To a fanfare of traditional music played on gongs and horns, 18 slaughtered pigs were wheeled out on trucks Monday into the Hsinpu Yimin Temple in the island’s north.
The heaviest weighed a whopping 860 kilograms (1,900 pounds) — three times the average adult swine.
The carcasses, bristles shaved and pinned with decorations, were displayed upside-down, the heads with pineapples stuffed in their mouths, dwarfed by their bloated torsos.
After the festival, the carcasses are taken home by their owners and the meat distributed to friends, family and neighbors.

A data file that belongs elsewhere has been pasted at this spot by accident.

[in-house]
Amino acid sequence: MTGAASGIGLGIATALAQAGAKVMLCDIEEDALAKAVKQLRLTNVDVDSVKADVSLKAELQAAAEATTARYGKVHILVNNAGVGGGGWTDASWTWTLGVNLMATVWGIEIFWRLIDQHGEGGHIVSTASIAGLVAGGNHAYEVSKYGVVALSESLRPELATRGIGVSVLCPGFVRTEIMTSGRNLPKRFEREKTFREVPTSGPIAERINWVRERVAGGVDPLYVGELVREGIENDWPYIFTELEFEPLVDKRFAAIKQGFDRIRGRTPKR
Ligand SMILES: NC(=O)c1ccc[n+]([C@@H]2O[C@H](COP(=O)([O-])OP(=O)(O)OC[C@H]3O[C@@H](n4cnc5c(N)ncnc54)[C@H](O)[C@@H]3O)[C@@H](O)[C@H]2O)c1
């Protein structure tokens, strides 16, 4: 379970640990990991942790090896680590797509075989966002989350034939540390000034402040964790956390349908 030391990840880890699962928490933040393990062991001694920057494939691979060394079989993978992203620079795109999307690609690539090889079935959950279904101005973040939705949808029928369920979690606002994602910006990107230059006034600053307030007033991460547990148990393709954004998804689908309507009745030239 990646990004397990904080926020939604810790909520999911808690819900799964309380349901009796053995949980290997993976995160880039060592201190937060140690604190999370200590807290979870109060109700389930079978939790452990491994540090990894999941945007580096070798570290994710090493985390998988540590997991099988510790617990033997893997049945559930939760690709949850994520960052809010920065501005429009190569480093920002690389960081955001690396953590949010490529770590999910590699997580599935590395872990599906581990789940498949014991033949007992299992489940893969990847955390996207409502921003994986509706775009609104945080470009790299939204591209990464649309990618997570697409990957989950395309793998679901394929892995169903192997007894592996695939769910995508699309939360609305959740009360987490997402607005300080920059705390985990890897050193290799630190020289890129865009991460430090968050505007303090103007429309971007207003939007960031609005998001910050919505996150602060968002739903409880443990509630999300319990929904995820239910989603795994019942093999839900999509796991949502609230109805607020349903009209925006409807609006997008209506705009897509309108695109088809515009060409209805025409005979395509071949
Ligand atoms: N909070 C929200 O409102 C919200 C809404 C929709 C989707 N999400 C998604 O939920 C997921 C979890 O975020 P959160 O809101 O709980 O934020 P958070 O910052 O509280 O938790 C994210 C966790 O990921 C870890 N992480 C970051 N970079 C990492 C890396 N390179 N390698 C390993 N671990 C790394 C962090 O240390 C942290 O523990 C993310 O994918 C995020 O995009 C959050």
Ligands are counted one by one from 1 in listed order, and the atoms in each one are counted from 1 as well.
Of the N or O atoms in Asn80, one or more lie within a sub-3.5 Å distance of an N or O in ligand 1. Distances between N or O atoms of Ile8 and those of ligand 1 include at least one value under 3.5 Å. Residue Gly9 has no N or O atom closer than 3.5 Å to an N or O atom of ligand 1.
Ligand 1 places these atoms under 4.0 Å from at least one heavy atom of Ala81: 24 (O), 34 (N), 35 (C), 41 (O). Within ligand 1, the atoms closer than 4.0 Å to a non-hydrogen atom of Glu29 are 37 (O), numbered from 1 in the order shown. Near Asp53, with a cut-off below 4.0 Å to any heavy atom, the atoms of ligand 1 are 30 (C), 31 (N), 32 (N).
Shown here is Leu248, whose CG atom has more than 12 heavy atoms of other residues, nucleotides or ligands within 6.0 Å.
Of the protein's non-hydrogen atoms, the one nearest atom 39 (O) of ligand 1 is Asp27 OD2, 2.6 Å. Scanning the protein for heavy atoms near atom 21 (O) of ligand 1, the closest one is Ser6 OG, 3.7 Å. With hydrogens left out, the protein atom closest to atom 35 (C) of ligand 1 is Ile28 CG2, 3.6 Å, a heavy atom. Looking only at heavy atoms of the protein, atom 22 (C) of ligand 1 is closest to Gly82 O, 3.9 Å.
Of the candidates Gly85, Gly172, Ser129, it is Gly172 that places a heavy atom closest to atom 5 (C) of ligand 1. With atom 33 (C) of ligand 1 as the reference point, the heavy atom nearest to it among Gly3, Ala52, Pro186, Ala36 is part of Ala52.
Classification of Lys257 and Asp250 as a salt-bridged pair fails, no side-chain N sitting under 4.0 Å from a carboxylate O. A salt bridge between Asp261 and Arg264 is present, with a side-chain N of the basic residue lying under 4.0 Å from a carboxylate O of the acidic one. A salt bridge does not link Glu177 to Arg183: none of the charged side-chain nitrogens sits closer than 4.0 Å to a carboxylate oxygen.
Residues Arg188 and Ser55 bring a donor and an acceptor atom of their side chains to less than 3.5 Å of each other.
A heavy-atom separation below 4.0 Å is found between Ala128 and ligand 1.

Tseng Jia-yun’s family spent three years fattening up their pig, which was slaughtered last week weighing 400 kilograms.
The sacrifice fulfilled the wishes of his 86-year-old grandmother.
“As a Hakka, I am proud of this divine pig culture, it’s worth preserving,” he told AFP, describing the concerns of animal rights groups as “nonsense”.
“There’s no cruelty to animals, contrary to the rumors being spread around,” he added.